kidsandfriendsWith school starting up again, it’s important that parents think about ways they can help their children succeed not only academically, but also socially. The ability to make and keep friends doesn’t just make kids happy; it also provides a number of crucial developmental benefits, including self-esteem, companionship and peer guidance.  These become important later as children transition from focusing on parents to prioritizing peer relationships by the teen years, so why not start early?

The Value of Friendships
Friendships allow kids to practice important skills, like self-control, and the opportunity to reflect on one’s own behavior and understand the effects of one’s actions on others.  Research also clearly indicates that friendships buffer kids from the negative effects of stressful life events and promote resilience. For all of these reasons, social functioning is an important indicator of overall mental health.

That said, all friendships are not created equal, and they change with age. When kids are younger, they tend to have rule-based friendships in which emphasis is placed on fairness and equality. Kids usually meet at school, a shared community activity (e.g., church, karate) or through family friends, and parents usually orchestrate get-togethers.

As kids get older, they transition to more mature friendships that are based on shared values more than shared specific interests.  Setting children up for success in the more regimented world of earlier friendships allows them to experiment and make informed choices down the road as they grow and mature.

What Parents Can Do
It’s important for parents to remember that they have a big role in facilitating play dates and activities with friends outside of school.  Parents should encourage their young children to identify a peer or several peers who they would like to spend more time with and then be prepared to reach out to parents to coordinate play time.

Supporting social engagement and development can require more of a commitment if you have concerns about your child, or if he or she struggles with social anxiety or autism spectrum disorder. But remember: your child still needs to practice socializing, even though the process of making friends might be more gradual.  For example, parents may need to accompany children on play dates and eventually “fade out,” allowing the child to work up towards periods of independent play.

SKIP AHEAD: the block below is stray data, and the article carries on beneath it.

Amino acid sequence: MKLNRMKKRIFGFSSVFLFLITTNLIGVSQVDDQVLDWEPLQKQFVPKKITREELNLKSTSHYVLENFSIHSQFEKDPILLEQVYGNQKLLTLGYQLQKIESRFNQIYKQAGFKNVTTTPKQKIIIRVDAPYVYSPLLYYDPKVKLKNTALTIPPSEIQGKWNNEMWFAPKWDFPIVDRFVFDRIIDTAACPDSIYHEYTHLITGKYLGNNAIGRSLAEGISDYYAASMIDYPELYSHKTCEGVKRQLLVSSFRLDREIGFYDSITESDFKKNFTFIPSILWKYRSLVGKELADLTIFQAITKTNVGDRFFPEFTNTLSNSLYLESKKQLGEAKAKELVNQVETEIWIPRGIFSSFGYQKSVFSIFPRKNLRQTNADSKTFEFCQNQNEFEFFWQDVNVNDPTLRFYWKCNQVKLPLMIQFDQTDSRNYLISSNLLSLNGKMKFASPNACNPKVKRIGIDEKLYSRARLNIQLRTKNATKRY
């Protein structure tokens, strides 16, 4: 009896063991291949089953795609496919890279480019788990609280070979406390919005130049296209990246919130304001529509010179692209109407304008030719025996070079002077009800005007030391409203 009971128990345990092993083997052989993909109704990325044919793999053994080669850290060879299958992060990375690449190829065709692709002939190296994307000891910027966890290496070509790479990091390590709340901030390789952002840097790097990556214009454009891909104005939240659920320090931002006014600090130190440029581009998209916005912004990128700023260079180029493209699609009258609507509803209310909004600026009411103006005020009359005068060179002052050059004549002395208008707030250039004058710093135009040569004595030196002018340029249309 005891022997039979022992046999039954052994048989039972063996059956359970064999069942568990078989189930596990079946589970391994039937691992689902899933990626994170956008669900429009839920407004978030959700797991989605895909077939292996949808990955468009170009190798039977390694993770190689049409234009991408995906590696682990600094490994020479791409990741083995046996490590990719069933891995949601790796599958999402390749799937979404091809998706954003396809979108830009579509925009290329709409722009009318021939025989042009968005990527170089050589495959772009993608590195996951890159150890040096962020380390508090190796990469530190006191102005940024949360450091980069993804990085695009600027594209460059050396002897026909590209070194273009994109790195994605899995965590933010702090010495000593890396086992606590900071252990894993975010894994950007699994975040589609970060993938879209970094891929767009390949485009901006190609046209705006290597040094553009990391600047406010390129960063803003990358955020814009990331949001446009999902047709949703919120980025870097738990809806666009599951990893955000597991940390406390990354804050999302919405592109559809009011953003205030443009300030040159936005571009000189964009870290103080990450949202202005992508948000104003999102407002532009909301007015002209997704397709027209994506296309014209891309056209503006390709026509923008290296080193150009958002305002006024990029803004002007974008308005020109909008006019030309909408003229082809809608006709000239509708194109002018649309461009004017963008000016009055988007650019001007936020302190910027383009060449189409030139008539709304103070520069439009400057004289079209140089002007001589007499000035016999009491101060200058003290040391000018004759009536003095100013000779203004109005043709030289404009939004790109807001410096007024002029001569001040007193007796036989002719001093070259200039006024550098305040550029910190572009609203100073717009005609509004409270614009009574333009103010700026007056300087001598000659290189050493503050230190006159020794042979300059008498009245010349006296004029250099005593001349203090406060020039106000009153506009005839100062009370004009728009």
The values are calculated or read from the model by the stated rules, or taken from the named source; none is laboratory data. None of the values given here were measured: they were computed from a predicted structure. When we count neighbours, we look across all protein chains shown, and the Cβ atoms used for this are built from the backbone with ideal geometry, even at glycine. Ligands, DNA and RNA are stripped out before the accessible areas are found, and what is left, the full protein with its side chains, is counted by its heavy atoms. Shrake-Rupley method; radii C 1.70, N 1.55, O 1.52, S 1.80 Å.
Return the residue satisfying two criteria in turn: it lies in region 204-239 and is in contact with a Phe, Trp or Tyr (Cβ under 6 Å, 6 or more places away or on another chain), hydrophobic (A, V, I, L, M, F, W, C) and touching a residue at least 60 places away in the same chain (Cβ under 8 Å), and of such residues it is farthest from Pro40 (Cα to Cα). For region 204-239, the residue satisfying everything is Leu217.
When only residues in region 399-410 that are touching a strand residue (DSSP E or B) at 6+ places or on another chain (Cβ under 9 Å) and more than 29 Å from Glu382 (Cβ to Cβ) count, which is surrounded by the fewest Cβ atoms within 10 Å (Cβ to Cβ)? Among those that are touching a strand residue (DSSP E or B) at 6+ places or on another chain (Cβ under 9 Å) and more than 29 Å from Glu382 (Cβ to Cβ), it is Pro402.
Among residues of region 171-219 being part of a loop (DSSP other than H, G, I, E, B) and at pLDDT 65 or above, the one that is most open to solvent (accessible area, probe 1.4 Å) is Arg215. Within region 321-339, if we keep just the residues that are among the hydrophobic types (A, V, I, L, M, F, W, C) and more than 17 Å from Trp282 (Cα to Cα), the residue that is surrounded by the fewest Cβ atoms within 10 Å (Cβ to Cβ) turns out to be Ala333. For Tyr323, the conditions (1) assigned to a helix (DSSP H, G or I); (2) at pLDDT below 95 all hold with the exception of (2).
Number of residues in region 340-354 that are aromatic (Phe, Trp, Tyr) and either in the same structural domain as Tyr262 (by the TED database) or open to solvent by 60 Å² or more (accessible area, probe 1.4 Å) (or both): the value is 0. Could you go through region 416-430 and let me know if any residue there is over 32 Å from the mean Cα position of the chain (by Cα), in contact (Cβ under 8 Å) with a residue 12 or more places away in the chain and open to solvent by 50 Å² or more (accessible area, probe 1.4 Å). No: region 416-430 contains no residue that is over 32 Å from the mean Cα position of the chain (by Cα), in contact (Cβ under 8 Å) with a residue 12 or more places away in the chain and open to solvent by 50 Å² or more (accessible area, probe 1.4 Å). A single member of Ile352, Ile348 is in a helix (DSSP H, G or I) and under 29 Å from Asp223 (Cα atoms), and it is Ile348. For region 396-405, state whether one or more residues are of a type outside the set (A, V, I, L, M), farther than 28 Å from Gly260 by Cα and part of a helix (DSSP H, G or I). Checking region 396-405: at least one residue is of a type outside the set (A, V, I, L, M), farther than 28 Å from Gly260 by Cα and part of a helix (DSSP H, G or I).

The Elephant in the Room: Bullying
An issue that always comes to mind when discussing socialization is bullying, which can wreak havoc on developing friendships for bullies and bullied alike. Bullying happens when a child repeatedly and intentionally does something mean to another child. It’s normal for kids to be mean to one another every now and then (like excluding a child from a game or calling another child names), but bullying is a more serious and chronic problem.

Parents can help their children who might be at risk of being bullied by doing the following:

  • Teach your child to tell a grownup and not ignore bullying.
  • Stay engaged with your child’s school and form a partnership with teachers and key school staff to monitor the situation.
  • Talk with your child calmly and show you care without blaming him for being bullied.
  • Discuss solutions together and practice coping via role-plays, such as assertively saying in a loud voice with head held high, “Don’t talk to me like that!”

Kids often bully because they have a strong desire for social power, like being in charge of others, or have difficulty taking the perspective of others.  If you are concerned that your child might be a bully, you should:

  • Condemn the behavior, not the child. A child who is bullying others is often struggling in some way and likely needs some help.
  • Set clear expectations for appropriate social behavior and be prepared to enforce rules by praising appropriate behavior and punishing mean behavior.
  • Help your child to “make repairs” for the child she bullied, e.g., an apology, drawing a picture or bringing in a treat for the other child.
  • Increase your involvement with your child’s school so you can monitor the situation to be sure it’s resolved, and try to set aside some extra quality time with your child (e.g., 20 minutes, 3 times per week) until the bullying is under control.
About Dr. Jamie Howard

Jamie M. Howard, PhD, is Child Mind Institute's Director of the Stress and Resilience Program; Clinical Psychologist, Anxiety and Mood Disorders Center.

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